LinkedIn

I recently attended LinkedIn’s annual human resources event, Talent Connect. Held in Anaheim, California, the event showcased everything LinkedIn has been working on in 2018 and its plans for the future. LinkedIn presented on everything from its new applicant tracking system to how it is expanding online learning systems with LinkedIn Learning (formerly known as Lynda.com).

Today, however, I want to focus on one announcement in particular: LinkedIn’s acquisition of employee engagement platform Glint.

Glint’s platform aims to help HR better understand organizational performance, identify new sources of talent, and calibrate alignment between individual teams and the overarching needs of the business. Glint’s technology encourages companies to seek regular employee feedback on work, culture, and leadership. Then, it feeds those insights back to the leadership team, who can make more informed decisions as a result.

“With LinkedIn’s insights into the larger workforce alongside Glint’s internal view into employee engagement and skills, we will be able to help talent leaders answer all those difficult questions,” Dan Shapero, vice president of Talent Solutions at LinkedIn, said during the event.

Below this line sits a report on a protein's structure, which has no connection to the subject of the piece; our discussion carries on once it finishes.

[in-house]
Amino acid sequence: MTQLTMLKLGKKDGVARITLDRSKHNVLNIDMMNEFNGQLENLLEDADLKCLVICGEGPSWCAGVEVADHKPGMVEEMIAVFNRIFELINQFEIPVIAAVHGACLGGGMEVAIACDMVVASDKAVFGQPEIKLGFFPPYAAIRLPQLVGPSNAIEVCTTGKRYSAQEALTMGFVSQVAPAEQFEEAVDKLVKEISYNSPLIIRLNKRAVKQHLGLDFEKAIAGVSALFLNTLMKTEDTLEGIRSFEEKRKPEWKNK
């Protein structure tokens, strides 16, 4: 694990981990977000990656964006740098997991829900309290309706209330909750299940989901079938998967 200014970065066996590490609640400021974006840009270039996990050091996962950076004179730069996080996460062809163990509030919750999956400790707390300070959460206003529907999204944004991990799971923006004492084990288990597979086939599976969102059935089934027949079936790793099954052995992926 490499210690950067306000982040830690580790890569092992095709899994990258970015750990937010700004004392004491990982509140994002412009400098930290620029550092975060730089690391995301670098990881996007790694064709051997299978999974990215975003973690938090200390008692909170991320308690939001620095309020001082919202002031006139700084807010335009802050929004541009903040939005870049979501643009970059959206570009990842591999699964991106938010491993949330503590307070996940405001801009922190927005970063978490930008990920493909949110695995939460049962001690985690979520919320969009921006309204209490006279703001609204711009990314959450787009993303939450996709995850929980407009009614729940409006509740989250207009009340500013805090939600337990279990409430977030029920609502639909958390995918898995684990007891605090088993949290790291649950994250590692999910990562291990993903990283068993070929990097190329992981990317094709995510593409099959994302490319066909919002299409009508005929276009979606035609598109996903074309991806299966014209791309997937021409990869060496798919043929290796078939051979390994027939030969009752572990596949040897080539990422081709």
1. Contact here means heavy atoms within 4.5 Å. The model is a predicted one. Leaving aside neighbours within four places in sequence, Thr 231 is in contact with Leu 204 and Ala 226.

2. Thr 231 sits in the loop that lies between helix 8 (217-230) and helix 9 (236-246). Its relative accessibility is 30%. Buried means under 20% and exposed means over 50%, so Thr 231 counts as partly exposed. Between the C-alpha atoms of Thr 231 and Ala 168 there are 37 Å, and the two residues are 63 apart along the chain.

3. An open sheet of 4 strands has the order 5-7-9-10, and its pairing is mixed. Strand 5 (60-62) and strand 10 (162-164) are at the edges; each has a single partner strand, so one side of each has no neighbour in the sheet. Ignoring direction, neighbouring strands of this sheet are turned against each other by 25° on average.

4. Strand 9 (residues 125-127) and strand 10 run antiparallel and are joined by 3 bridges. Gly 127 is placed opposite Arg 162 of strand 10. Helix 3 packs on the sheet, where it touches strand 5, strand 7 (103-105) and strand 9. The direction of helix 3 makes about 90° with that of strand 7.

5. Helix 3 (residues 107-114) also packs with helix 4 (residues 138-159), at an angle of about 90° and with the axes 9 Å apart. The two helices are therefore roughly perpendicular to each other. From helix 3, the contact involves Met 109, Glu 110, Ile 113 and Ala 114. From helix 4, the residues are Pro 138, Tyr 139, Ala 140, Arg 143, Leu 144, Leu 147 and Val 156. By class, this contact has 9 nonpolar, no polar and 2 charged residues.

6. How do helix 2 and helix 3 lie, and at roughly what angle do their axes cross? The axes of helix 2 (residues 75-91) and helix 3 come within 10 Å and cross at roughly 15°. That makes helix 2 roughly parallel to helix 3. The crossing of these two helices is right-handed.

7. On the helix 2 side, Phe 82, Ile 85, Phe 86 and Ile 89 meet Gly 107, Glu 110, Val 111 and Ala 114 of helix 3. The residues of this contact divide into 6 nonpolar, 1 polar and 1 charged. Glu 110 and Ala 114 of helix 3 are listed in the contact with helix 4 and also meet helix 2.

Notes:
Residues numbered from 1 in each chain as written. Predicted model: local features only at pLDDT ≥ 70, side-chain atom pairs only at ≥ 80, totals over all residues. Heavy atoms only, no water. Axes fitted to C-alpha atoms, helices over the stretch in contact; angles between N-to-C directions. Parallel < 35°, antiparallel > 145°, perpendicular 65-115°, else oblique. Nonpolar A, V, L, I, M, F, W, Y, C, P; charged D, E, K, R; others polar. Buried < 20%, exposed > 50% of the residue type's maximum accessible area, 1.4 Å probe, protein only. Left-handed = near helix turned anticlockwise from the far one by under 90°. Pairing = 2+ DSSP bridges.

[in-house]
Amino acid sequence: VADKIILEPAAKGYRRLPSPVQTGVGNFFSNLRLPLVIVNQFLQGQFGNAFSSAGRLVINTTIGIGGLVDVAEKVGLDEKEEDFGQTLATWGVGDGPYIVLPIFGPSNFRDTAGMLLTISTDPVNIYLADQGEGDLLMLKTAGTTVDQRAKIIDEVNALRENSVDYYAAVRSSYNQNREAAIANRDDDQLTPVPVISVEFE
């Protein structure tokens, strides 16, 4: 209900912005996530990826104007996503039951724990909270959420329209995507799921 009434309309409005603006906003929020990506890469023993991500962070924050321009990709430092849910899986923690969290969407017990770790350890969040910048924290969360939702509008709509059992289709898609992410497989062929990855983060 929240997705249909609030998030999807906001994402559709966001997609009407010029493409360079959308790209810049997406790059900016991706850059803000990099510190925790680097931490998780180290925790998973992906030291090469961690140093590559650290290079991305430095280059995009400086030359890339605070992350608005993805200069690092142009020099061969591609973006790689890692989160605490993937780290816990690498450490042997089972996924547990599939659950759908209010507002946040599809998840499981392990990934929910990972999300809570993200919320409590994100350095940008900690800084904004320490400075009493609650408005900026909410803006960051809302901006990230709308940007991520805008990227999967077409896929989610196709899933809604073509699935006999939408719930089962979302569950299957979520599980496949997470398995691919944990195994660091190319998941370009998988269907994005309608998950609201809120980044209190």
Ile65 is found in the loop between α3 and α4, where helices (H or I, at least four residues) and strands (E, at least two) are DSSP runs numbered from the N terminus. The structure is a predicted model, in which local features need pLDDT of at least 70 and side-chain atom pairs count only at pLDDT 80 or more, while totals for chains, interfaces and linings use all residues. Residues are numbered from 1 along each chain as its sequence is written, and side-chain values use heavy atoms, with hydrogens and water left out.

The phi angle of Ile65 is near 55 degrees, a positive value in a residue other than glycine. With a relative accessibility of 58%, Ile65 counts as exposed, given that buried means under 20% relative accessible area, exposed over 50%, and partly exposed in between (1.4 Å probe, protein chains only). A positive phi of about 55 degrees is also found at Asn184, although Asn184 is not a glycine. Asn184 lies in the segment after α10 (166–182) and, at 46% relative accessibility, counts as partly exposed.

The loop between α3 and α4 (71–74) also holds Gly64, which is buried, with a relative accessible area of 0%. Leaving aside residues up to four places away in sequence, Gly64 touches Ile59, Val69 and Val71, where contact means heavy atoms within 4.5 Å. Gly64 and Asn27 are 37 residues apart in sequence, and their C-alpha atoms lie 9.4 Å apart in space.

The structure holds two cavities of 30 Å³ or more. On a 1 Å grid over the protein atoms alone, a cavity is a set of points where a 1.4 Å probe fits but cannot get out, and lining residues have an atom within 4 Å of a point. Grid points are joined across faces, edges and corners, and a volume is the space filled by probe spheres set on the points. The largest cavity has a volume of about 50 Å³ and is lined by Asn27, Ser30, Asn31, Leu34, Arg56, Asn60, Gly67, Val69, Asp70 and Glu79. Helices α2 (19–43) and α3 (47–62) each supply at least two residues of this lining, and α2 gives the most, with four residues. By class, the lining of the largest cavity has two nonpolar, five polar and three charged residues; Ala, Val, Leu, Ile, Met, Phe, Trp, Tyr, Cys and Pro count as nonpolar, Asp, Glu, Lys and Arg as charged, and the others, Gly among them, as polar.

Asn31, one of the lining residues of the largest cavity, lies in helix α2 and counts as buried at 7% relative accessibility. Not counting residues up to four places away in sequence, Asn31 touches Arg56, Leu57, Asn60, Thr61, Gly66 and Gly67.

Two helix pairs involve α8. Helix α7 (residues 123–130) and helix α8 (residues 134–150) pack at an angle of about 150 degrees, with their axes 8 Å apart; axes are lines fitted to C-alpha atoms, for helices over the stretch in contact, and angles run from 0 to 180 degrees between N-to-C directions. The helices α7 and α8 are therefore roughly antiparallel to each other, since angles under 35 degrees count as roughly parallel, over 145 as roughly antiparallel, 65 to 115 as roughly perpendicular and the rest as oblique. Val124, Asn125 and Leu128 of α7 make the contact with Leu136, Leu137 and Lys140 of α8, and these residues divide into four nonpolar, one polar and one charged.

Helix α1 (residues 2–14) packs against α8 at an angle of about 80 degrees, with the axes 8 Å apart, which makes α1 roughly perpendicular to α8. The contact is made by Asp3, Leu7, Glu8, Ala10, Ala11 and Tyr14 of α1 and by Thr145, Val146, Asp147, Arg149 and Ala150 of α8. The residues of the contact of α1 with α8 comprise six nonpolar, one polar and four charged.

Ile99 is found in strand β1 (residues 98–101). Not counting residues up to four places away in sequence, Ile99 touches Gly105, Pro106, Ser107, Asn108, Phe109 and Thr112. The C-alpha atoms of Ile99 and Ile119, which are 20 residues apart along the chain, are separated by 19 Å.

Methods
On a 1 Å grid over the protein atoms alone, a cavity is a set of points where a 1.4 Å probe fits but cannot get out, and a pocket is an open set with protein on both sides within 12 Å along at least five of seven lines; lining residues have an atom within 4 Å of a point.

It’s obvious what LinkedIn sees in Glint, as the company offers a solution that many organizations need. Replacing employees is expensive, and organizations want to keep turnover as low as possible. Glint can help employers identify employee pain points, like disengagement or a lack of career growth, before it’s too late.

I wanted to focus on Glint today because I think it illustrates something that I realized during my time at Talent Connect: LinkedIn is integrating itself into every aspect of our professional lives.

Ten years ago, LinkedIn was a simple networking website. Today, it is a collection of technologies that can impact every step of the career journey. We use LinkedIn to research target employers. We look for and apply to jobs on LinkedIn. We use LinkedIn Salary to estimate our market value. We ask for referrals and references on LinkedIn; we stay in touch with current and past coworkers. We use the site as a continuing education resource. Many of us have even thrown away our business cards because we know we can use LinkedIn instead.

Now, companies are using LinkedIn to stay in touch with their own workforces.

Regardless of where you are in your career journey, one thing is for sure: LinkedIn is a part of your everyday professional life, and it doesn’t look like that will change any time soon.

A version of this article originally appeared on Copeland Coaching.

Angela Copeland is a career coach and CEO at her firm, Copeland Coaching.



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